Mizo women’s big fight for po­lit­i­cal space

Hindustan Times (Delhi) - - NATION MYINDIAMYVOTE - Ut­pal Parashar ut­pal.parashar@htlive.com

Women are ac­tive in every sphere... but their main role is still seen as that of home­mak­ers. Pol­i­tics is not seen as a clean ca­reer op­tion LALRINTLUANGI, ZPM can­di­date

AIZAWL: In Mi­zo­ram’s cap­i­tal, women are ev­ery­where.

They are driv­ing cars and scoot­ers, run­ning small road­side shops and big busi­nesses, man­ag­ing the show in ho­tels and restau­rants, play­ing im­por­tant roles in govern­ment and pri­vate of­fices, com­bin­ing their ca­reers with their tra­di­tional role of a home­maker.but if there’s one area where their pres­ence is neg­li­gi­ble, it’s in the state’s big­gest de­ci­sion mak­ing body, the leg­isla­tive assem­bly.

Among the 40 elected leg­is­la­tors who take cru­cial de­ci­sions on shap­ing the state’s fu­ture, only one is a woman.

As Mi­zo­ram goes to polls one more time on November 28, the sce­nario isn’t likely to change much. The rul­ing Congress has given an elec­tion ticket to just one woman, Van­lalawm­puii Chawngthu, the lone woman in the assem­bly who is also a min­is­ter. Mizo Na­tional Front (MNF), the state’s main re­gional party, with which the Congress is locked in a direct fight for power, hasn’t in­cluded any woman in its list of can­di­dates. Zo­ram Peo­ple’s Move­ment (ZPM), a new re­gional out­fit, has two women in its list. The only ex­cep­tion is the Bharatiya Janata Party (BJP), which has fielded six women can­di­dates. But since the party isn’t a ma­jor player in the Chris­tian-ma­jor­ity state, it re­mains to be seen how many of them are able to emerge win­ners. “Mi­zos are a male-dom­i­nated so­ci­ety and women aren’t usu­ally part of the de­ci­sion mak­ing process. But I never felt any less than a man, and hence I de­cided to en­ter pol­i­tics,” said prom­i­nent busi­ness­woman Judy Zohmin­gliani, who joined BJP last year, and is the party’s can­di­date for the Tuiv­awl seat.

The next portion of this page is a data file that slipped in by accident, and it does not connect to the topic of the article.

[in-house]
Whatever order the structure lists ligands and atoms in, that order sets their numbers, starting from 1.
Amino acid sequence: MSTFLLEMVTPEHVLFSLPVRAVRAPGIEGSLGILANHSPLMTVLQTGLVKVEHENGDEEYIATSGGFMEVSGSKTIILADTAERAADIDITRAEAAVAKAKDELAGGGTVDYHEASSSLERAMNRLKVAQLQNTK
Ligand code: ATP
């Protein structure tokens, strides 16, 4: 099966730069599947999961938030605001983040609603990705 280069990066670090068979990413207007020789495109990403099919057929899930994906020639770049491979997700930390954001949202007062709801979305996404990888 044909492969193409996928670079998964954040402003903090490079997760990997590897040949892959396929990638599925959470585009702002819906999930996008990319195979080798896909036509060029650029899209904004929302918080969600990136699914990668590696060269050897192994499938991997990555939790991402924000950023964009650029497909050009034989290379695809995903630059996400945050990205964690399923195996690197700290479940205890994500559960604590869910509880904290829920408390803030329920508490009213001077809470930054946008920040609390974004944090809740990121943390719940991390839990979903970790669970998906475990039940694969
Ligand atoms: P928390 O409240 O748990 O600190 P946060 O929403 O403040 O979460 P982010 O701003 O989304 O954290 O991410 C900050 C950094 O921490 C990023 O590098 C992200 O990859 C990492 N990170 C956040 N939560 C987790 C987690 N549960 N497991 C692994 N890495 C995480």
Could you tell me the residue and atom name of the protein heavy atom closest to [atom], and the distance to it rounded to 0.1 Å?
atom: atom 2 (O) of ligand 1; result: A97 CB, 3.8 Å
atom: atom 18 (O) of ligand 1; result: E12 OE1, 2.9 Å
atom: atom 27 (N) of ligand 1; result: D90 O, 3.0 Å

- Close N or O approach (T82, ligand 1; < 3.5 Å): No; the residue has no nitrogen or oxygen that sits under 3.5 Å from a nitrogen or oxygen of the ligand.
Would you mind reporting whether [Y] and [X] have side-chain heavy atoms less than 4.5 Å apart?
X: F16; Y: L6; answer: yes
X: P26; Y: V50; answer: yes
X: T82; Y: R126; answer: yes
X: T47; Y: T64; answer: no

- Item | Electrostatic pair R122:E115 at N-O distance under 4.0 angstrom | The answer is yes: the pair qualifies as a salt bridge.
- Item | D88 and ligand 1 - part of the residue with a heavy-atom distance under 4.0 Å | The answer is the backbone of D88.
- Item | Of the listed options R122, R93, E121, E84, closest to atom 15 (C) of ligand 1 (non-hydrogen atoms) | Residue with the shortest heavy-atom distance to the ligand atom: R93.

This is Zohmin­glianni’s sec­ond shot at pol­i­tics. The 62-yearold was an ac­tive mem­ber of Congress nearly three decades ago, but left the party and pol­i­tics and fo­cused on busi­ness, be­cause she felt women in Mi­zo­ram don’t have much of a chance in ris­ing up the po­lit­i­cal lad­der.

Mi­zo­ram was de­clared a state in 1972. But in its 46-year his­tory, only four women have won elec­tion the assem­bly. That’s the worst record for a state in the coun­try af­ter Na­ga­land, an­other state in the north­east, which has failed to elect a woman MLA till date. “Women are ac­tive in every sphere in Mi­zo­ram, but their pri­mary role is still seen as that of home­mak­ers.

Pol­i­tics is not seen as a clean ca­reer op­tion,” said Lalrintluangi, a 62-year-old re­tired govern­ment official, con­test­ing from Dampa on a ZPM ticket.

The state’s largest women’s or­gan­i­sa­tion, Mizo Hme­ichhe In­suihkhawn Pawl (Mizo Women Wel­fare Fed­er­a­tion), which has branches all over the state and has over 285,000 mem­bers, is try­ing to change that. “We want more women in pol­i­tics and de­ci­sion-mak­ing bod­ies. That’s why we have urged our mem­bers to vote for women can­di­dates, ir­re­spec­tive of their party af­fil­i­a­tions,” said MHIP’S gen­eral sec­re­tary T Lalthang­puii.

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